India’s the most exciting place that’s having the gender debate: Tina Brown

Tina Brown on the global summit, ‘Women in the World’, and the feminist debate in India

Written by Dipanita Nath | Updated: November 19, 2015 12:08:05 am

Women in the World, Women in the World summit, Women in the World summit delhi, tina brown, tina brown in delhi, tina brown women summit, delhi news, india news Tina Brown is bringing “Women in the World” to India. (Express Photo by Ryan Plett)

Tina Brown was too busy leaving her signature on journalism — editing Vanity Fair, The New Yorker and Newsweek and writing a bestselling biography of Princess Diana, The Diana Chronicles — to be bothered about feminism. A series of stories by women from developing countries, in 2009, forced her thoughts towards a new direction. The result was “Women in the World”, a global summit that addresses structures and realities that affect women’s lives. “Women in the World” comes to Delhi for the first time on November 20, with leaders such as Naina Lal Kidwai and Ipsita Dasgupta talking about the challenges of retaining women in the workforce. The director of Fire Deepa Mehta and actors Shabana Azmi and Nandita Das discuss their concerns on the 20th anniversary of the film, while Blue Jasmine star Cate Blanchett talks about her work in the field. Excerpts from a telephone conversation with Brown:

What brings you to India now, and Delhi in particular?

For a start, I have always wanted to bring “Women in the World” to India because I’ve been coming to India for seven or eight years regularly and am fascinated by the ‘complexness’ of the country. The reason we are bringing it now is that, at this moment, India is one of the most exciting places in the world having the gender debate. There are more Indian female success stories than ever before — professional women soaring to the top of banking, legal, tech and biotech, and media — but there’s also roiling debate about women’s safety, the need to address inequities, the tussle between traditionalism and modernism and the issue of retaining women in the workforce so that they can raise families and also surge ahead.

What is your definition of feminism or women equality?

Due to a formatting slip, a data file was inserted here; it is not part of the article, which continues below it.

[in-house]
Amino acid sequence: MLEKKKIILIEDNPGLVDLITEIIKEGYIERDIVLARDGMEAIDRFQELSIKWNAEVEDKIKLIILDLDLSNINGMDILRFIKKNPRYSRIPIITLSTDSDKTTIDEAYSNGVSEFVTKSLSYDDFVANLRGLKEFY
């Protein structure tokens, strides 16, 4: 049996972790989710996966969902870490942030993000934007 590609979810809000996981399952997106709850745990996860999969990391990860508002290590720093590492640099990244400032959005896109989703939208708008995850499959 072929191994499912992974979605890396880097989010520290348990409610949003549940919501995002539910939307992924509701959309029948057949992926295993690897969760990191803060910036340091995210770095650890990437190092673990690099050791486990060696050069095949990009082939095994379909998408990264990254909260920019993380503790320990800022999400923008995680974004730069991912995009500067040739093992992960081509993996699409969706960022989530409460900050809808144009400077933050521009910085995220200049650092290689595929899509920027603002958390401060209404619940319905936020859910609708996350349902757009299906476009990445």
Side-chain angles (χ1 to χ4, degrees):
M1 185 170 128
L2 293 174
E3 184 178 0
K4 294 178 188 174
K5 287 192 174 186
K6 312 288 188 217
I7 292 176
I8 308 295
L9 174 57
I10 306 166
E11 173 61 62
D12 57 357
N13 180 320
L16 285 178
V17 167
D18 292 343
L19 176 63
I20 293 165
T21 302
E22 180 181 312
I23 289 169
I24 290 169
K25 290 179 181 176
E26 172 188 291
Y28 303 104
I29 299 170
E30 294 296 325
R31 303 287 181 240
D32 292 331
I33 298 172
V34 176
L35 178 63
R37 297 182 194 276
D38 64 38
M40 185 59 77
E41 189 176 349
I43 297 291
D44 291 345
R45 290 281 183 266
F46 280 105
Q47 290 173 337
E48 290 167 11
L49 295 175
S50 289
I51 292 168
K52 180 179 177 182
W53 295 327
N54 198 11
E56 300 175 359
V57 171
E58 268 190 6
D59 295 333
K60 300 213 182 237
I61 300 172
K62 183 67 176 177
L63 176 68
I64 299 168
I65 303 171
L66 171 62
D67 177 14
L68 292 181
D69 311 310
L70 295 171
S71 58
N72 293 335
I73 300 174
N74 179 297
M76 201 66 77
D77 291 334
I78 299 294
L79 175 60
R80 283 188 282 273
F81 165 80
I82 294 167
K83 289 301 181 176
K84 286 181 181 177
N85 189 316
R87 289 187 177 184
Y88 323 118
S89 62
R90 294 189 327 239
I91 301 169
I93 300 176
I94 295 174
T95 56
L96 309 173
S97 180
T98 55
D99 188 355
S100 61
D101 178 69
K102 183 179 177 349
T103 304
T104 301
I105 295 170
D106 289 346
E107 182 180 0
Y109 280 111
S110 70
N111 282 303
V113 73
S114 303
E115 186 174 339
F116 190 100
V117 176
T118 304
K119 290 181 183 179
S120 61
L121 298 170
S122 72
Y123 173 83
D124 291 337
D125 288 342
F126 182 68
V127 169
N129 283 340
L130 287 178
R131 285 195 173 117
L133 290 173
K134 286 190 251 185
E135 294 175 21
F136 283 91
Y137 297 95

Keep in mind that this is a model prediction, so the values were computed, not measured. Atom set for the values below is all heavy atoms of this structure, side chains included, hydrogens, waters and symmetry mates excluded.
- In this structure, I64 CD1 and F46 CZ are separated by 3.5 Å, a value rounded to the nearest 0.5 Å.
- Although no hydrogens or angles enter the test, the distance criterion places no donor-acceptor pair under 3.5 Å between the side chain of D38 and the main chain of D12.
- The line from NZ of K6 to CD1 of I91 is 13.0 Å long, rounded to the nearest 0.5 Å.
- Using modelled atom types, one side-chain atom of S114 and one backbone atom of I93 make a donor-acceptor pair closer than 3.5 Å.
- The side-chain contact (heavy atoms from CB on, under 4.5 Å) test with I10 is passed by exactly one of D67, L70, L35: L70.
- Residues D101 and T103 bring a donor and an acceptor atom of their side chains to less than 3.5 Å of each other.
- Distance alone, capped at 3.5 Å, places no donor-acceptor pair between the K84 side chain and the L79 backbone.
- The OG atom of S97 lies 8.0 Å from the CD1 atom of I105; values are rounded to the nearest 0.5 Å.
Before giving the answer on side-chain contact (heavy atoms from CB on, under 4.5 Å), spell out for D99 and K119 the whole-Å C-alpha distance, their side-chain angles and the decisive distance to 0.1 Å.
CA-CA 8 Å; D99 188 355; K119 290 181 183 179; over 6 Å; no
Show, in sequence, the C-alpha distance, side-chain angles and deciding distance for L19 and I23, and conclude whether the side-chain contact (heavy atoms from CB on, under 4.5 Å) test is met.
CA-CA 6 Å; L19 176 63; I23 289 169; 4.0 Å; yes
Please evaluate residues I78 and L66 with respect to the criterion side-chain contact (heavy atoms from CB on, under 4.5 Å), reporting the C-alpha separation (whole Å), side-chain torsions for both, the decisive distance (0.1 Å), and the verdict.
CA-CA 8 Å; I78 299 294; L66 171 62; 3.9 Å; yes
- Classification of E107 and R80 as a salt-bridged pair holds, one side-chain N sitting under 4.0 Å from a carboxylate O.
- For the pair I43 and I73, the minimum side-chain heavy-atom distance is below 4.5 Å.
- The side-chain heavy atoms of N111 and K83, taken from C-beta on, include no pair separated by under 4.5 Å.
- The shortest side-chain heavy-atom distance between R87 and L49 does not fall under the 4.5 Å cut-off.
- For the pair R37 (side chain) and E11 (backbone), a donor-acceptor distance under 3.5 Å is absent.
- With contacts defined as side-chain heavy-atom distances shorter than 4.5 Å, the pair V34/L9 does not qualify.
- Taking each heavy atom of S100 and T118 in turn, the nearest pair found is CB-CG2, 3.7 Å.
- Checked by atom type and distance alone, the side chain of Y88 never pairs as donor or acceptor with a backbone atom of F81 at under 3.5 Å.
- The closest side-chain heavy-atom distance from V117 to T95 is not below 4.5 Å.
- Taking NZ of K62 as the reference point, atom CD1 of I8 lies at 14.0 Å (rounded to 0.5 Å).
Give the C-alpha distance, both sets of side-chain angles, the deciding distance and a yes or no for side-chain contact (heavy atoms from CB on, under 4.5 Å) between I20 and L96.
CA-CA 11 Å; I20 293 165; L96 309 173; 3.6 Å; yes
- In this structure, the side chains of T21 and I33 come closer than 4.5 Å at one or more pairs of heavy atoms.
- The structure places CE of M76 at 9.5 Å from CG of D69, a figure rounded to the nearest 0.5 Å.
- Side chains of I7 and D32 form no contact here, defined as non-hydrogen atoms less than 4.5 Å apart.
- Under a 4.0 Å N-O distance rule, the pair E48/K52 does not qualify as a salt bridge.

It’s all about freedom to choose — whether it’s who you marry, if you marry at all, whether you have children, whether you work and are a mother, whether you are a mother and don’t work. It’s a choice that makes for women’s equality.

How was “Women in the World” born?

My interest in the global women’s movement began in 2009. I have been involved for years with an NGO called Vital Voices, which mentors women in emerging countries and I used to go to these retreats and hear these extraordinary women from Africa, Egypt, India and all over the world. They were confronting issues and challenges that are often inconceivable in the West — cultural repression and conflict zones and war — and yet they managed to have resilience and improve the lives of other women. I wanted to put them on the stage. In the US media, there is little interest in overseas stories and even less on women. I thought, how great it would be to create a summit where I could bring all these women to the stage and tell their stories. At “Women in the World”, we tell stories and illuminate issues, so that you learn about the world through the eyes of women. We started in 2010 in a small theater in New York and it took off immediately.

How specific is the conference to India, where feminism has a different definition from the West’s?

There are things that are very different about India, but there are also things that are similar about India. We’re hosting a discussion called “Will the Violence Ever End?” and it tries to get into the mindset in order to change whole cultures and ways of thinking about women. We are actually bringing Bitiya — there was a story in The New York Times by Nicholas Kristof, where he talks about a young girl from a village in UP who was gangraped in 2012 when she was 13 or 14. They videoed her during the course of this rape to try and keep her quiet but, she raised a case against these men and is trying to get justice. She’s coming to the summit with Madhavi Kuckreja, Founder, Vanangana, a rural, women’s community-based organisation focused on building leadership among Dalit women. We are going to continue with a powerful discussion with Dr Menaka Guruswamy, Vibha Bakshi, the filmmaker of Daughters of Mother India, Govind Singh Rathore, who founded Sambhali Trust after witnessing violence against his own mother, to talk about how we can change this situation. It will be a powerful discussion and I think one that needs to happen.

“Women in the World” will be held on November 20 at Taj Mahal Hotel

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